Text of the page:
Design by David Pearson
Illustrations by Victoria Sawdon
Jessa at Bookslut interviewed the illustrator of this series. Among other interesting comments: “The mirror image style was already set… The problem was making what was an awkward, tall and thin area feel natural in the space and not end up looking like a totem pole.”
Read the interview here.
View the whole series here. (Thanks, JRG!)
Penguin Great Journeys series
Akita Prefectural Library in Japan have a series of six toy design illustration books produced between 1891 and 1913 by (I think) Yamada from Kyoto.
All the images above have been cleaned up to one extent or another. There is a further set of eight images which I cleaned but didn’t post in this webshots album.
Are we seeing any European influence here at all do you think?
Toying With Japan
Go L(.)(.)K below to see an example of cartoonist Nell Brinkley’s work from my collection. When I ran Nell’s photo (hubba-hubba) a few days ago Arf Lover Michael Burton rightfully wrote in the comments section: “How about showing us some of her drawings?” So, Michael this is a cool and beautiful cover Brinkley did for the ultra-rare and wonderful and legendary Circulation magazine. Just as Girl Cartoonists were not common back in the day neither were Newsboys hawking the newspapers with the comics inside ‘em. “Girl Newsboys”?!? You know what I mean. And now days I don’t think there are any streetcorner newsboys at all and there’s plenty of great Girl Cartoonists! But, Nell Brinkley remains one of the all time greats cartoonists of either gender!
Go To Nell!
Yes, Louis Armstrong and Johnny Cash! They’re performing “Blue Yodel No. 9,” which Armstrong recorded with The Singing Brakeman, Jimmie Rodgers, and pianist Lil Hardin Armstrong, on July 16, 1930, in Los Angeles.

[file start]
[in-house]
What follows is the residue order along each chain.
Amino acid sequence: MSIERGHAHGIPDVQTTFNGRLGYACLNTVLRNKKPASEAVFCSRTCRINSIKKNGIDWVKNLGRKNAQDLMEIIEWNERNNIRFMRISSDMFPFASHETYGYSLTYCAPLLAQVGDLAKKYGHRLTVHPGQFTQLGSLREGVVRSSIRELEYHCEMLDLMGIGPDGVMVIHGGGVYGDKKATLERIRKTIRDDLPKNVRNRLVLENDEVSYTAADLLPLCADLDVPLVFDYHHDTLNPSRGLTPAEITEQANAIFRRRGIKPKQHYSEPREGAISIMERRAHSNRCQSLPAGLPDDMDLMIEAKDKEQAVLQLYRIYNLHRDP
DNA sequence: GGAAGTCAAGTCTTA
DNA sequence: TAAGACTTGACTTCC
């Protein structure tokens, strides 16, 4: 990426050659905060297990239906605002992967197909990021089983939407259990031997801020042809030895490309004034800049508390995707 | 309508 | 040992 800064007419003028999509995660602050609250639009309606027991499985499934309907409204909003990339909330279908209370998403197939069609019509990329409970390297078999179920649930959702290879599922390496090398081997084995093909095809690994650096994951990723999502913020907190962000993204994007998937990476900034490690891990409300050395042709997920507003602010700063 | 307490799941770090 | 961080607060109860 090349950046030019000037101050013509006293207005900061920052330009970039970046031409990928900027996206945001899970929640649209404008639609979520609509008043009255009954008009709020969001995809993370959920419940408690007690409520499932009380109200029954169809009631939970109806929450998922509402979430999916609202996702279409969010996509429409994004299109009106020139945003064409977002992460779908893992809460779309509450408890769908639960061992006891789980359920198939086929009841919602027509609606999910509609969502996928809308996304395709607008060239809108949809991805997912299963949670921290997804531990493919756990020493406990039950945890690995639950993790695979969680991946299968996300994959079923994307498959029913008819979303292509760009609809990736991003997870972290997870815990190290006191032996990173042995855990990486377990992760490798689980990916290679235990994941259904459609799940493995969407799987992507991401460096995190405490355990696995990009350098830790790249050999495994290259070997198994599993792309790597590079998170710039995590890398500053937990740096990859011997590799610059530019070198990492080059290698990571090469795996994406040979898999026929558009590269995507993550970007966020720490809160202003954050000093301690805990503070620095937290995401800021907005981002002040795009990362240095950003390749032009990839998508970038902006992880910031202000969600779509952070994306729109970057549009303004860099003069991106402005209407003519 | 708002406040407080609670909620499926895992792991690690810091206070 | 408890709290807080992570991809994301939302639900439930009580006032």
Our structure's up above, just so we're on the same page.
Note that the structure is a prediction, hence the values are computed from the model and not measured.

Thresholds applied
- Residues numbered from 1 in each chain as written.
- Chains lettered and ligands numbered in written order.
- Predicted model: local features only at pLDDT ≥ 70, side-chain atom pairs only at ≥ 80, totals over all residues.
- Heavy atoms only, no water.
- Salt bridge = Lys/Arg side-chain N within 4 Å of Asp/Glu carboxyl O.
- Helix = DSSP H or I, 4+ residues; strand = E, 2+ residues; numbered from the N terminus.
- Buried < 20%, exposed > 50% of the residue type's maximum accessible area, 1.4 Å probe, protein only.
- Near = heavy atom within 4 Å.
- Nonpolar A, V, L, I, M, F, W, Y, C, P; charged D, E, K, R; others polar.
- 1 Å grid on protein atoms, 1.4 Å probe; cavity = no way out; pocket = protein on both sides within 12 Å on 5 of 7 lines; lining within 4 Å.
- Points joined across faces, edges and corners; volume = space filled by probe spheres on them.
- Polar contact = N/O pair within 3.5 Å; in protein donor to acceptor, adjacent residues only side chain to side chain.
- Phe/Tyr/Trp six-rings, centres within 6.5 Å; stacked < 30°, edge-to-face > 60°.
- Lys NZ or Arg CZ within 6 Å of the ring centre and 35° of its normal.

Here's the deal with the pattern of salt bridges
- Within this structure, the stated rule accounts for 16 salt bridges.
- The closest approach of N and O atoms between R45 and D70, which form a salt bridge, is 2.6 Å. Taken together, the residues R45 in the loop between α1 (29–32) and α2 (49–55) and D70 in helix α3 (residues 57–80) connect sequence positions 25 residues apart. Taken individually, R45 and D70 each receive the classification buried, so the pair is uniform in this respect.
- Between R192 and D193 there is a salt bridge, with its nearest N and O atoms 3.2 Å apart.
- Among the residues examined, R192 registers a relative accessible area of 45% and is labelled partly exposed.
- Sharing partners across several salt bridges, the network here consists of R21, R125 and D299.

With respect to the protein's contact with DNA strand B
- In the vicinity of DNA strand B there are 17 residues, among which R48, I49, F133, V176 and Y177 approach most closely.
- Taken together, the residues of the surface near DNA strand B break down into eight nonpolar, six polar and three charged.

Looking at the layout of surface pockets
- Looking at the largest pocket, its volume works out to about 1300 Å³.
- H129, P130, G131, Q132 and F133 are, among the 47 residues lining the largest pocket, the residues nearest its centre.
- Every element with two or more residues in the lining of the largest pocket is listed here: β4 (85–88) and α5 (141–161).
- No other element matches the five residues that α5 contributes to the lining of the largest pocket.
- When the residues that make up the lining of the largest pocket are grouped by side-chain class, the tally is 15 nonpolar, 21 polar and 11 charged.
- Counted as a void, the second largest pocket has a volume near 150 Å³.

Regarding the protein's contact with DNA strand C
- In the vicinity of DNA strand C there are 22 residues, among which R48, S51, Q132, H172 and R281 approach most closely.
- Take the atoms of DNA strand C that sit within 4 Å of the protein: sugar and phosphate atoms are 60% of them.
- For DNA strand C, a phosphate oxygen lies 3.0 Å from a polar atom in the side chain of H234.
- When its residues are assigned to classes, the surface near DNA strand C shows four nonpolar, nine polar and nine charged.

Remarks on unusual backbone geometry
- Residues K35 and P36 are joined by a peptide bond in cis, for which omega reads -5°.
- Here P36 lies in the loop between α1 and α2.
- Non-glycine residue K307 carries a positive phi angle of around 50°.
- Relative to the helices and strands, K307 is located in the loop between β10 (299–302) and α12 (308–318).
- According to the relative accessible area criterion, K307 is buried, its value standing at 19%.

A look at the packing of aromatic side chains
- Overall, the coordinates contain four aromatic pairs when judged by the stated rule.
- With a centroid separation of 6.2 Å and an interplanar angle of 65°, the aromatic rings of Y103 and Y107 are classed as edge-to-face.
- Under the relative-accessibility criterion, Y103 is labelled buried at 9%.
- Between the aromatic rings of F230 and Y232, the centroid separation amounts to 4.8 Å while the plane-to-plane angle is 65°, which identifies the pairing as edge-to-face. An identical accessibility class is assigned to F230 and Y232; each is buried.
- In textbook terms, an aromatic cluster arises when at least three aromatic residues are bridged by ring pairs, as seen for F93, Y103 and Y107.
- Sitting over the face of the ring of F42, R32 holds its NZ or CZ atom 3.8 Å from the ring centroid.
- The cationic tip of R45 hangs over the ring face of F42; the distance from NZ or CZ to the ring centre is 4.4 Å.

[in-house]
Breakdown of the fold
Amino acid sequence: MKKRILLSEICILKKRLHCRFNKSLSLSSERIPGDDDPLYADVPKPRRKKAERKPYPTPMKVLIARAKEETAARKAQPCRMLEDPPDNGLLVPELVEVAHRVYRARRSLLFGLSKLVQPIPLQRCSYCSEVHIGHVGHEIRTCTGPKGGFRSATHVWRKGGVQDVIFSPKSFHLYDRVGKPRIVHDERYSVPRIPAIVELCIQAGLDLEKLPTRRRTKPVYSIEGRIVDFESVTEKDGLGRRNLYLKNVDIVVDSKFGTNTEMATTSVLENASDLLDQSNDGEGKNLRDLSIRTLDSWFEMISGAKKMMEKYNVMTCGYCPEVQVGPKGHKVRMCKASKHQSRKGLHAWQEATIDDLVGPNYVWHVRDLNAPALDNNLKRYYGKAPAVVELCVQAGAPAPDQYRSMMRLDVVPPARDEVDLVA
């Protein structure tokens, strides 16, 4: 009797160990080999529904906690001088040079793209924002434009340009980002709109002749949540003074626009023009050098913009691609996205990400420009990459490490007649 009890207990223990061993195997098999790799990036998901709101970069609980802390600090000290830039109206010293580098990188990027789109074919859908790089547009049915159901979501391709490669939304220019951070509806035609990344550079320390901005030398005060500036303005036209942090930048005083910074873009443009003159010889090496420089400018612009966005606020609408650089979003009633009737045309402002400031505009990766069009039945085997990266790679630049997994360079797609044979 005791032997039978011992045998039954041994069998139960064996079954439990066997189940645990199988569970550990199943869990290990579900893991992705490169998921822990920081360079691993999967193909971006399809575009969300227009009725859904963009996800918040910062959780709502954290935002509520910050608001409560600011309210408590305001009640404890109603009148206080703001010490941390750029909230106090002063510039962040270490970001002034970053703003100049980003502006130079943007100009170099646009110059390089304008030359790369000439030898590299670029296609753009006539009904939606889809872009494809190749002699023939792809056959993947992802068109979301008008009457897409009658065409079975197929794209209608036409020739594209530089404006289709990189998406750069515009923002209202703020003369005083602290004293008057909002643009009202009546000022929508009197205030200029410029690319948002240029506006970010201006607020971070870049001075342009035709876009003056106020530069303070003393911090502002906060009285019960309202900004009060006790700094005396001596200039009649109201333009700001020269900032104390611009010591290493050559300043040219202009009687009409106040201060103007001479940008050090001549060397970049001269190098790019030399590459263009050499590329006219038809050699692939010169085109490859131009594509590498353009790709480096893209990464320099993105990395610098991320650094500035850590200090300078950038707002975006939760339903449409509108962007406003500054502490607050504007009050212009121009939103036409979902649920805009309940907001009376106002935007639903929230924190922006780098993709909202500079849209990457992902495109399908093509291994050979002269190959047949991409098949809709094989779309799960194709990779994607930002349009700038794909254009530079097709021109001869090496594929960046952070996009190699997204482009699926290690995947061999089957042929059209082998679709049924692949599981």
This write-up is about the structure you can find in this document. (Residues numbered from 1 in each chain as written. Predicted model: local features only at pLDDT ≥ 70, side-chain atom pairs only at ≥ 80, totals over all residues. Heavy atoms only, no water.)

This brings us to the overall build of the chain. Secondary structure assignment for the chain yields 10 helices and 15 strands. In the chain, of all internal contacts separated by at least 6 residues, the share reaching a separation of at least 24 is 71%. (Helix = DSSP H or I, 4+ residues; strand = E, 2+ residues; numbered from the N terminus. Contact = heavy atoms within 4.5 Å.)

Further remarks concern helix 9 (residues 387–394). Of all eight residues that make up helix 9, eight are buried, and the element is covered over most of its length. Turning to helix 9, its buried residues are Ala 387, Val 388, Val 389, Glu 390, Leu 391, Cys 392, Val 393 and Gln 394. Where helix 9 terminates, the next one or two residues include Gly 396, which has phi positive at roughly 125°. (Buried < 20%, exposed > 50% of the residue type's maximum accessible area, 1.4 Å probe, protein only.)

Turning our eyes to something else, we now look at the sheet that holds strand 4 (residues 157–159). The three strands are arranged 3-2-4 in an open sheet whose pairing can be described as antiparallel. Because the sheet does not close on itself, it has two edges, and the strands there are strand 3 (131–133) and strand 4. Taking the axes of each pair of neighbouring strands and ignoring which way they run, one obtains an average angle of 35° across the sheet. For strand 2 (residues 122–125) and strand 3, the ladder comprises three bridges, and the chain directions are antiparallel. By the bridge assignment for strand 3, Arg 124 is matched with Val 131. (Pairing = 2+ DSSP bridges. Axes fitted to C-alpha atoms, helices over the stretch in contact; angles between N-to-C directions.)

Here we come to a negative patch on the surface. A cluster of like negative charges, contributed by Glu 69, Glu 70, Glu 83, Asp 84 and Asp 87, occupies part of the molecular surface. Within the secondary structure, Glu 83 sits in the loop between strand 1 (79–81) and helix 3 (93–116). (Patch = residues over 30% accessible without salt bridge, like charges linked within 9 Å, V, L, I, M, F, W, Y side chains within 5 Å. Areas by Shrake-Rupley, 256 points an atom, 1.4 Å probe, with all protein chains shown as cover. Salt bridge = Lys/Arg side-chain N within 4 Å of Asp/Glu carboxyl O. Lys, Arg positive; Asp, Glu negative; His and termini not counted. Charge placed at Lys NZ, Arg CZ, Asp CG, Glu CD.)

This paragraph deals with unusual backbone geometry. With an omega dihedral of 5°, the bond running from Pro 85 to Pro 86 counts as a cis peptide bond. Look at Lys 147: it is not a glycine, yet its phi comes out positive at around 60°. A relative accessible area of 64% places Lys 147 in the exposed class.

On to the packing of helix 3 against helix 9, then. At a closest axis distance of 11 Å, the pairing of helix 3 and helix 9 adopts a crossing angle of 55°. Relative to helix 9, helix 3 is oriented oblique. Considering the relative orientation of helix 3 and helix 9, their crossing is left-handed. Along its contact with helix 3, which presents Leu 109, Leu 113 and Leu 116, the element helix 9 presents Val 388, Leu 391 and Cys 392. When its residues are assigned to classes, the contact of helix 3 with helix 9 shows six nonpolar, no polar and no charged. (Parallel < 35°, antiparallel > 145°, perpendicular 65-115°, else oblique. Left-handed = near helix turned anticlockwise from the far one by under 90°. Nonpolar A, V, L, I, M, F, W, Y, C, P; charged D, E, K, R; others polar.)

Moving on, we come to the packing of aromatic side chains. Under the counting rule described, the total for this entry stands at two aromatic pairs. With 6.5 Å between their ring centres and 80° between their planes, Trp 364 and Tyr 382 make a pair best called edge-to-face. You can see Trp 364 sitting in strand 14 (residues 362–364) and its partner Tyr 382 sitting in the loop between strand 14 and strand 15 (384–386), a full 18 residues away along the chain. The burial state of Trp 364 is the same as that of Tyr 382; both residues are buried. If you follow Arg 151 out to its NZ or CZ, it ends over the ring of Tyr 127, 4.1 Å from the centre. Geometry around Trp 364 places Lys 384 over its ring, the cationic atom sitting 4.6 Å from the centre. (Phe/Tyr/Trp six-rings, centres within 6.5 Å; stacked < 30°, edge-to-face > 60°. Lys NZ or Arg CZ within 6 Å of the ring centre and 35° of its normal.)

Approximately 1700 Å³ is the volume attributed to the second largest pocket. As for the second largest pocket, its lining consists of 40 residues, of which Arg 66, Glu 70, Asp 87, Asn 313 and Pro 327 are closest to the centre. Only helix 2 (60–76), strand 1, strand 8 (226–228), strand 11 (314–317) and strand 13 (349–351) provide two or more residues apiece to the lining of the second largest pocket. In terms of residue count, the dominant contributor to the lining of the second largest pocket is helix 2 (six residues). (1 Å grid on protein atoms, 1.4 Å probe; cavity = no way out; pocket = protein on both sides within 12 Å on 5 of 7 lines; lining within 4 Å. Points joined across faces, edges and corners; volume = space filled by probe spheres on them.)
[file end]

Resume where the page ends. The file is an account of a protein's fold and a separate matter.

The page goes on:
This recreation is from The Johnny Cash Show, first broadcast on October 28, 1970. According to Michael Minn’s Louis Armstrong Discography, Armstrong’s appearance on this show marked his return to the trumpet after a two-year health-related hiatus. Listen for the gently bouncing trumpet phrases from 4:14 to 4:19: that’s the sound of a genius at work.
Blue Yodel No. 9 (YouTube)Tags
Invisible man: Louis Armstrong and the New York Times
Louis Armstrong, Johnny Cash, Jimmie Rodgers
Louis Armstrong and Johnny Cash?
Each week, the Soundcheck staff digs through their inboxes for the best, catchiest, or strangest music they can find. Here are Soundcheck’s pick for the week ending Oct. 26.
Various Artists, “Sonic Rebellion: Alternative Classical Collection” (Naxos)
If you’re looking for an introduction to modern music landmarks from the past 50 years, you could do worse than this collection. Ignore the cheesy cover and some questionable edits (who knew Terry Riley had a fade-up on his minimalist landmark “In C?”). Then, geek out on short pieces by Cage, Wuorinen, Varese, Crumb, Nancarrow, and a dozen others. –Brian Wise
“Sonic Rebellion” is available for purchase at Amazon.com